Li et al. prepared Ni-TiO2 coating on NdFeB magnet by pulse electrodeposition technique to examine the micro-hardness and performance of wear. Their operation condition is pulse frequency 500 Hz, duty cycle 30%, pH = 4.1. The results were revealed that Ni-TiO2 coating have excellent magnetic corrosion and wear resistance [7]. Praveen and Venkatesha prepared Ni-TiO2 nano coating on a Zinc substrate by sol-gel technique. This shows better corrosion resistance, low wear loss and enriched hardness of the nano coatings in the industry [8].

Chen et al. examined the impact of Ni-TiO2 nano coating on a medium carbon steel substrate. The result revealed microhardness was 320 Hv in Ni coating considerably increased to 430 Hv in Ni-TiO2 nano coating with a weight percentage of 3.26 and a decrease in wear loss of nano-coating by 50 % [9]. Baghery et al. inspected the co-position of nano-particles increased by increasing nano-powder to a certain extent, further increase the nano-particles in electrolyte bath lead to a reduction in co-position of the coating by the presence of more particles resulting in agglomeration nano particle at the surface.

The wear loss of the Ni-TiO2 nano-coating was smaller than the Ni-coated samples due to the present second phase reinforcement layer, which often served as a stable lubricant among contact surfaces [10]. Wang et al. reported an improvement in TiO2 content from Ni-0 g/L TiO2 to Ni-10 g/L TiO2 nano composite coating reduced friction coefficient and weight loss following an improvement in TiO2 concentration which increased the wear rate by an increase in TiO2 lead porous structure decreased wear resistance [11].

Natarajan et al. established empirical relationships between frequency, current density and duty cycle to predict the nanocoating characteristics of MH, Ra, Ws and CoF by RSM [12]. Minimum research only carried out by Ni-TiO2 nano coating on AISI 1022 carbon steel by pulse electrodeposition.

2. Methodology

Table 1. Experimental variables of the study in the central composite design

Input parameter value

(PF) (Hz)

(CD)(A/cm2)

(DC) (%)

10

0.1

10

20

0.2

20

30

0.3

30

Table 2. Design matrix and experimental results of Ni-TiO2 nano coating

S. No.

PF (Hz)

CD (A/cm2)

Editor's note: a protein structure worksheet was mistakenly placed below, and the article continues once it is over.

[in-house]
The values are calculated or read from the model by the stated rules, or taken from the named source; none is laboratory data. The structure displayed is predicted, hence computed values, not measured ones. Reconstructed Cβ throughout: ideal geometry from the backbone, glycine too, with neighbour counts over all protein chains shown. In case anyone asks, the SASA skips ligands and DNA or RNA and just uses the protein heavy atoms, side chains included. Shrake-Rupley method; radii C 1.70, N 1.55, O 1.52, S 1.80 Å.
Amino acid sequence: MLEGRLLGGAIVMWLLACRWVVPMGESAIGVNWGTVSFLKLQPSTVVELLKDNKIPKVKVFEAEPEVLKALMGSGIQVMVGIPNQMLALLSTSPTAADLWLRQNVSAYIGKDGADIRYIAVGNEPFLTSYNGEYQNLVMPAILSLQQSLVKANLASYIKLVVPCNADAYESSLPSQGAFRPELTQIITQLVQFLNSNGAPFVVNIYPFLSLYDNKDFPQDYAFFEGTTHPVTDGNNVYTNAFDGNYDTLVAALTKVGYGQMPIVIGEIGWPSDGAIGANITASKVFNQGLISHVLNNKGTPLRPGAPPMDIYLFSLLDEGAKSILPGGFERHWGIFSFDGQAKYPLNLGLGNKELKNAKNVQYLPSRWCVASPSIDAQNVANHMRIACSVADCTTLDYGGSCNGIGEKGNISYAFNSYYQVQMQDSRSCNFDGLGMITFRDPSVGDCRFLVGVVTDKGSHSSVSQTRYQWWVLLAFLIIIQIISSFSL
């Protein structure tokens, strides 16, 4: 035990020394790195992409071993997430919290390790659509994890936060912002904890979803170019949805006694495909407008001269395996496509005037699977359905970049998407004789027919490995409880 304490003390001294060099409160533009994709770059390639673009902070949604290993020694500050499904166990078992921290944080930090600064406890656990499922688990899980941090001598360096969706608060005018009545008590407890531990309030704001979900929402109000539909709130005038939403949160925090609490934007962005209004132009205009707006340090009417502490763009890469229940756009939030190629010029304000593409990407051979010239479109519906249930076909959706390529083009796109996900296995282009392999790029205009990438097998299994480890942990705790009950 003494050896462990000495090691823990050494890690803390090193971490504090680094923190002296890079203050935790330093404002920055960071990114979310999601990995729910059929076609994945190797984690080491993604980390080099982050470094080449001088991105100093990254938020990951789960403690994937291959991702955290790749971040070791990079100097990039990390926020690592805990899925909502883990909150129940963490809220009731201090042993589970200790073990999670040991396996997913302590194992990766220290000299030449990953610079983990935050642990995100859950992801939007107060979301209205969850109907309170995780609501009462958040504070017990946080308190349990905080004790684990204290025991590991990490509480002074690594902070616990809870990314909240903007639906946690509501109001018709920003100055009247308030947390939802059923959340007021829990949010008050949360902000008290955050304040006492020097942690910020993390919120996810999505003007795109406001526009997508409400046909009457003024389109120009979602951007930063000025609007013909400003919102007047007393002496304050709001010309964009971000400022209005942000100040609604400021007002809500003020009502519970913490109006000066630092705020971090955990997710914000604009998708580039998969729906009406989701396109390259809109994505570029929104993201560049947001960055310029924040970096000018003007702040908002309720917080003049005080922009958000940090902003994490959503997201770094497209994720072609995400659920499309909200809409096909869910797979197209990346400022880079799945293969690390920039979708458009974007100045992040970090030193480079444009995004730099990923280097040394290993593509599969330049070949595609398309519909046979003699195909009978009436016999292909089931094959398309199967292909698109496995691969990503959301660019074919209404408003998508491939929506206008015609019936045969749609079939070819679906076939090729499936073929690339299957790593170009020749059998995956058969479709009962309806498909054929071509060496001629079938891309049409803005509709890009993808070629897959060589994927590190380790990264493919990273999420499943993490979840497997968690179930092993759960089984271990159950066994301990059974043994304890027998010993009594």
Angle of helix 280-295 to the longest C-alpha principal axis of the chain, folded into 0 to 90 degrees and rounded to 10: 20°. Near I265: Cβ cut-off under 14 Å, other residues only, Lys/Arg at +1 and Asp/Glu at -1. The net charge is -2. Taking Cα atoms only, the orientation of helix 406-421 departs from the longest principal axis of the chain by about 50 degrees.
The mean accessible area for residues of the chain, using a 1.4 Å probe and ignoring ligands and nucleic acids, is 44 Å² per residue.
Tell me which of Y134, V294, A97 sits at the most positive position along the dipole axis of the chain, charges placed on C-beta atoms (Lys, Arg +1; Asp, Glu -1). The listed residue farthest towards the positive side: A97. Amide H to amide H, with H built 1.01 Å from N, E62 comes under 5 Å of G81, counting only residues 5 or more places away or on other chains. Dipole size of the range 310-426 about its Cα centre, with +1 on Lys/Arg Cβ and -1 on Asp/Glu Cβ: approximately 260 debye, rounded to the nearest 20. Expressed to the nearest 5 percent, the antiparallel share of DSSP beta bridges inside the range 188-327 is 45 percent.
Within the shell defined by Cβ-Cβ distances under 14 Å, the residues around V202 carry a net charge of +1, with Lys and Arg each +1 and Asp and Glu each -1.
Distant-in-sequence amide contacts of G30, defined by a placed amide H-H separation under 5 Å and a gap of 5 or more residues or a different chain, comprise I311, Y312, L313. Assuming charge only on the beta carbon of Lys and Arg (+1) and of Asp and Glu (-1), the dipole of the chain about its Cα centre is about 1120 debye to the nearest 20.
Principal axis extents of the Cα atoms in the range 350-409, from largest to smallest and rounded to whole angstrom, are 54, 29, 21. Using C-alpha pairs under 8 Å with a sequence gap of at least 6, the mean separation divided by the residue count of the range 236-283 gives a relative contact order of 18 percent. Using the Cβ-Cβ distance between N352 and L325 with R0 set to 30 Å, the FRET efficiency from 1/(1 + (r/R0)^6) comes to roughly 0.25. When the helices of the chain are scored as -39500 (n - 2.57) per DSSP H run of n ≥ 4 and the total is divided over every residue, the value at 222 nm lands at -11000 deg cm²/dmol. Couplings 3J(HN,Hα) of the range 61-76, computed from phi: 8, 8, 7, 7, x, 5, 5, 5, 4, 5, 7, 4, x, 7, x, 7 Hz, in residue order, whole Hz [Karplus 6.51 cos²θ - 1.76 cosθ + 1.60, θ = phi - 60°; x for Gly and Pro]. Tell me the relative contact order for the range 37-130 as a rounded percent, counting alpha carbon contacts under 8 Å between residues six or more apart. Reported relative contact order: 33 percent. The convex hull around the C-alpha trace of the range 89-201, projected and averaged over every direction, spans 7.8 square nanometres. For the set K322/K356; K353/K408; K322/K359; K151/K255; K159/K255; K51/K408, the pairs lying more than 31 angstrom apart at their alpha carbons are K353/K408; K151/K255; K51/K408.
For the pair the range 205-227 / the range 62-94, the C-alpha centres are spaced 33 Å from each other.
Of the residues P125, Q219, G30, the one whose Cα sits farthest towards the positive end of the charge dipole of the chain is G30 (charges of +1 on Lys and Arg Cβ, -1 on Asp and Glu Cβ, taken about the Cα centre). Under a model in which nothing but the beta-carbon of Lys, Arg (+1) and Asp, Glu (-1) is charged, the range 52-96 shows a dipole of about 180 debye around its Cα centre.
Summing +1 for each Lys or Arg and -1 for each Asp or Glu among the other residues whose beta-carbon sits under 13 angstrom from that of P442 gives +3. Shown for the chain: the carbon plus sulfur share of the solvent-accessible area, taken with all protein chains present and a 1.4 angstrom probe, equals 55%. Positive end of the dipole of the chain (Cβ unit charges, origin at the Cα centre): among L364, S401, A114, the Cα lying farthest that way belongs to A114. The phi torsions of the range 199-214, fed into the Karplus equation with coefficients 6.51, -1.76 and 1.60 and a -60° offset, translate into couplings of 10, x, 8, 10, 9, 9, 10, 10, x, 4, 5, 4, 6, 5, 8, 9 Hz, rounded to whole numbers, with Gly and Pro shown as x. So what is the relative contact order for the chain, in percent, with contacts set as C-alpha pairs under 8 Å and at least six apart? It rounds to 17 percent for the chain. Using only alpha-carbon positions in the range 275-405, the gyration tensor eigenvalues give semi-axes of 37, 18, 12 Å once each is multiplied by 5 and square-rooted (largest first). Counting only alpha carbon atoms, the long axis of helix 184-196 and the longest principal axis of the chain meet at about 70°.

DC (%)

Specific Wear rate (mm3/Nm)

1

10

0.1

30

0.0008145

2

10

0.3

30

0.0005854

3

10

0.1

10

0.0005630

4

10

0.3

10

0.0008145

5

10

0.2

20

0.0008908

6

30

0.3

10

0.0007126

7

30

0.1

10

0.0005320

8

30

0.3

30

0.0007636

9

30

0.1

30

0.0007636

10

30

0.2

20

0.0008399

11

20

0.2

10

0.0008145

12

20

0.2

30

0.0005090

13

20

0.1

20

0.0009926

14

20

0.3

20

0.0007381

15

20

0.2

20

0.0007890

16

20

0.2

20

0.0006872

17

20

0.2

20

0.0006363

18

20

0.2

20

0.0007890

19

20

0.2

20

0.0006872

The Ni-TiO2 nano coating was electrodeposited by nickel watts bath using pulse electrodeposition. In this experiment Nickel plate as anode and workpiece was used as the cathode. The workpiece were in cylindrical using diameter of 1 cm and a length of 3 cm. Ni-TiO2 were electrodeposited from a typical Watts-type electrolyte, containing nickel sulphate (250 g/l), boric-acid (35 g/l), nickel chloride (40 g/l) and titanium dioxide (0-10 g/l). Before electroplating, the workpiece was polished to an emery paper with a fine surface finish. Table 1 displays the input parameters for the pulse plating. The coated workpiece microstructure was studied using SEM. In the analysis the workpiece surface, in the workpiece diameter can be kept for analysis the SEM samples is 1×1 cm in size. It can be carefully loaded into machine than adjusting the magnification of the SEM to calculate the coated surface grain structure. The wear test was executed with pin-on-disc wear tester, load of 10 N and speed a 1000 rpm. The experimental reading of Ni-TiO2 nano-coating material are seen in Table 2.

3. Results and Discussions

3.1 Specific wear (Ws)

Equation 1 is the Archard wear equation used to determine the basic wear rate of the coated substance in mm3 / N-m [12].